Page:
We are currently in or entering a new bust cycle in production agriculture. While producers have generally managed to continue operating, bankruptcy filings and farm foreclosures are on the rise and prior fixes may no longer be available. Dealing with lenders can be a challenge in these circumstances, and it is important for professionals advising producers to follow a few simple rules to effectively negotiate with their clients’ lenders.
This article provides a brief examination of the changes in the Federal Rules of Civil Procedure and the Federal Rules of Bankruptcy Procedure that went into effect on December 1, 2018, and how those changes may impact the bankruptcy practice.
Worldwide debt has grown to nearly $250 trillion, a substantial increase since the Great Recession in 2008. The makeup of the debt held by individuals has changed and the amount of corporate debt has significantly increased. With economic challenges on the horizon, these changes will likely affect the processes individuals and corporations pursue to address debt.
The Southern District of Texas’s recent popularity in commercial filings, stemming from a number of factors, makes it a new contender to be one of the busiest commercial bankruptcy districts in the country.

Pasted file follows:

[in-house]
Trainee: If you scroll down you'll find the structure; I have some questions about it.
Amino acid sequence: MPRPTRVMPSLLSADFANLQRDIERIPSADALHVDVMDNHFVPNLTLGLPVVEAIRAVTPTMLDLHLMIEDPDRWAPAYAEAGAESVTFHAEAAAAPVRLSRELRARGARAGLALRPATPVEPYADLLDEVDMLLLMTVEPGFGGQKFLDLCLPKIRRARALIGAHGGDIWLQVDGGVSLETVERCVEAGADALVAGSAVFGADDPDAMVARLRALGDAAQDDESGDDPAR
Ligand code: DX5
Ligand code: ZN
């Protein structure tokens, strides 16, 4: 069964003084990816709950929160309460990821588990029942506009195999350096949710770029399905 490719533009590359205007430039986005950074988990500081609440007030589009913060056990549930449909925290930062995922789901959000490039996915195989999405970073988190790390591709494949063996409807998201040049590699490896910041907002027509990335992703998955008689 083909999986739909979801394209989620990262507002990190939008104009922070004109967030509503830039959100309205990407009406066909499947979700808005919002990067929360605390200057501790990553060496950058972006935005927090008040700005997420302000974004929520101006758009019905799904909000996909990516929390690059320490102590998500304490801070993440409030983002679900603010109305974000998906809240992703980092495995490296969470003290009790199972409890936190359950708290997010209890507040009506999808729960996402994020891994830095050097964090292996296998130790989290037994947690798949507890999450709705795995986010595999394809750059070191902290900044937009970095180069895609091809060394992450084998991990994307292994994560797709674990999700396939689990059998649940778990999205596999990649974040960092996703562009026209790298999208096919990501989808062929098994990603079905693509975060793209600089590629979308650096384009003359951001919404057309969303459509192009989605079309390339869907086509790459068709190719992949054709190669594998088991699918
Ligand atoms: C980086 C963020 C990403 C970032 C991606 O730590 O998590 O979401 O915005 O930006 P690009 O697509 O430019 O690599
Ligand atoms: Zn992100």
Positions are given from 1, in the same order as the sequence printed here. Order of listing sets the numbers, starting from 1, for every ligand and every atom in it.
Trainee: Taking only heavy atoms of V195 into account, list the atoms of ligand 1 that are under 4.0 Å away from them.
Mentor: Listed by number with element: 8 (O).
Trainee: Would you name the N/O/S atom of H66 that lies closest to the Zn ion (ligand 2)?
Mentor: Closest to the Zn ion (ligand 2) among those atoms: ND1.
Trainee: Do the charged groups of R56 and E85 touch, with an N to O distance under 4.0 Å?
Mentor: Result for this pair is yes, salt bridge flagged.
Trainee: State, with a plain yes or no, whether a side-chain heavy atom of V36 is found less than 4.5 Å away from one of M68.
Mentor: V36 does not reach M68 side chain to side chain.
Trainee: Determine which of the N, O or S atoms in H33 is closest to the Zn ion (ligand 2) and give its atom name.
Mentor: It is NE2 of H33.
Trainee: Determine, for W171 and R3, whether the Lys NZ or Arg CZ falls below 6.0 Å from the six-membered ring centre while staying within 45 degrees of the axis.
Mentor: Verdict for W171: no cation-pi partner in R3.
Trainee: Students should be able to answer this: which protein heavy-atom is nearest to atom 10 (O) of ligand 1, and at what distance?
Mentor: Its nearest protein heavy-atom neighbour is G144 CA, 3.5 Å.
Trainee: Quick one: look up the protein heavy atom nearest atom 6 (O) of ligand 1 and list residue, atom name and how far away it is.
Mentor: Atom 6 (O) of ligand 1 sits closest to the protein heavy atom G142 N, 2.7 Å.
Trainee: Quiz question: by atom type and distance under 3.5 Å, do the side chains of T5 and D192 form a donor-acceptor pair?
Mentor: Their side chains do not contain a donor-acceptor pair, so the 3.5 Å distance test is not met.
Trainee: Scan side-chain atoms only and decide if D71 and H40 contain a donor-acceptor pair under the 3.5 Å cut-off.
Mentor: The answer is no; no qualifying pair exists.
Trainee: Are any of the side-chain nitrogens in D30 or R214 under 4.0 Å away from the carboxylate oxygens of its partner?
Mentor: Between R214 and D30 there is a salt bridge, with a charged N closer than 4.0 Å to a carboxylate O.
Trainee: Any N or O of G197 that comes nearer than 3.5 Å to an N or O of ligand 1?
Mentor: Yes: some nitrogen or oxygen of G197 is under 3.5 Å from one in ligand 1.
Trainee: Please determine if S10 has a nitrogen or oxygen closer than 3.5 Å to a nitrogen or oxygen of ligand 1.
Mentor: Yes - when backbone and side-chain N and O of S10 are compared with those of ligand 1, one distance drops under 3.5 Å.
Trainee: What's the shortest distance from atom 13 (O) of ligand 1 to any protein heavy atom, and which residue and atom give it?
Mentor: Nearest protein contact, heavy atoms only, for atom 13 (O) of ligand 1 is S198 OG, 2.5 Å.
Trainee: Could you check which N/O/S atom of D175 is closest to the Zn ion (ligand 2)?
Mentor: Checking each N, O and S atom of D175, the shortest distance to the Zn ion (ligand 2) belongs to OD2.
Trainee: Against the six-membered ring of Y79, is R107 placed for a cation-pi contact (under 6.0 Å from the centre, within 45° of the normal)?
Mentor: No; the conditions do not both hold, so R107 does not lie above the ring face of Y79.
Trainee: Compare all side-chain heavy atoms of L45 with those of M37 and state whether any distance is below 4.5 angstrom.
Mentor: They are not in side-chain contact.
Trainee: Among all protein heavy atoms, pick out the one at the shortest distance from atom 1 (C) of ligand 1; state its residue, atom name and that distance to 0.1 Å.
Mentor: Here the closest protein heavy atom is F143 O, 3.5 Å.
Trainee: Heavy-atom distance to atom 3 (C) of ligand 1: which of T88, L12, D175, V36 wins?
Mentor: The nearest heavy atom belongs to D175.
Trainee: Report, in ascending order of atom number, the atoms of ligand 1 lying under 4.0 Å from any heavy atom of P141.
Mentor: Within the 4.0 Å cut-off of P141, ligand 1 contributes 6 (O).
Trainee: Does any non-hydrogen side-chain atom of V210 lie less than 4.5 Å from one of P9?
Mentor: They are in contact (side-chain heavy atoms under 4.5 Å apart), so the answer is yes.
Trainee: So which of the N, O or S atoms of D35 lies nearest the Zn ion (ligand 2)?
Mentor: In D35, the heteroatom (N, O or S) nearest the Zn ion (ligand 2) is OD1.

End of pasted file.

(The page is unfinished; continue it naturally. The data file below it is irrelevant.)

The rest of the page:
During the nearly three-year pendency of the case, the battles between the Archdiocese of St. Paul and Minneapolis and the committee representing the survivors of sexual abuse have resulted in court decisions on two subjects of broad importance in chapter 11 cases generally.
Squandered Claim? Creditor’s “Veil Piercing” Cause of Action Held to Be Receivership Property – Even After the Receivership Ended
In a new development to receivership law, the Minnesota Court of Appeals affirmed a receiver’s power to pursue a creditor’s “veil piercing” claims against insiders of the company in receivership, and blocked the creditor from pursuing those same claims after the receivership ended.
Minnesota Enacted a New Health Savings Account Exemption and Increased Exemptions Including for the Homestead
Minnesota has expanded the types and value of assets that individuals may protect from creditors.
In the 8th Circuit, income tax debt owed under late filed tax returns could, under certain circumstances, be discharged by individual debtors in their bankruptcy cases.
Payments made to creditors in the 90-days before a bankruptcy filing can be subject to recovery as “preference claims.”
Are trademarks “intellectual property” under the Bankruptcy Code? According to a recent decision from the First Circuit Court of Appeals, the answer is “no,” and Section 365(n) of the Code does not offer protection to trademark licensees when the licensor files for chapter 11.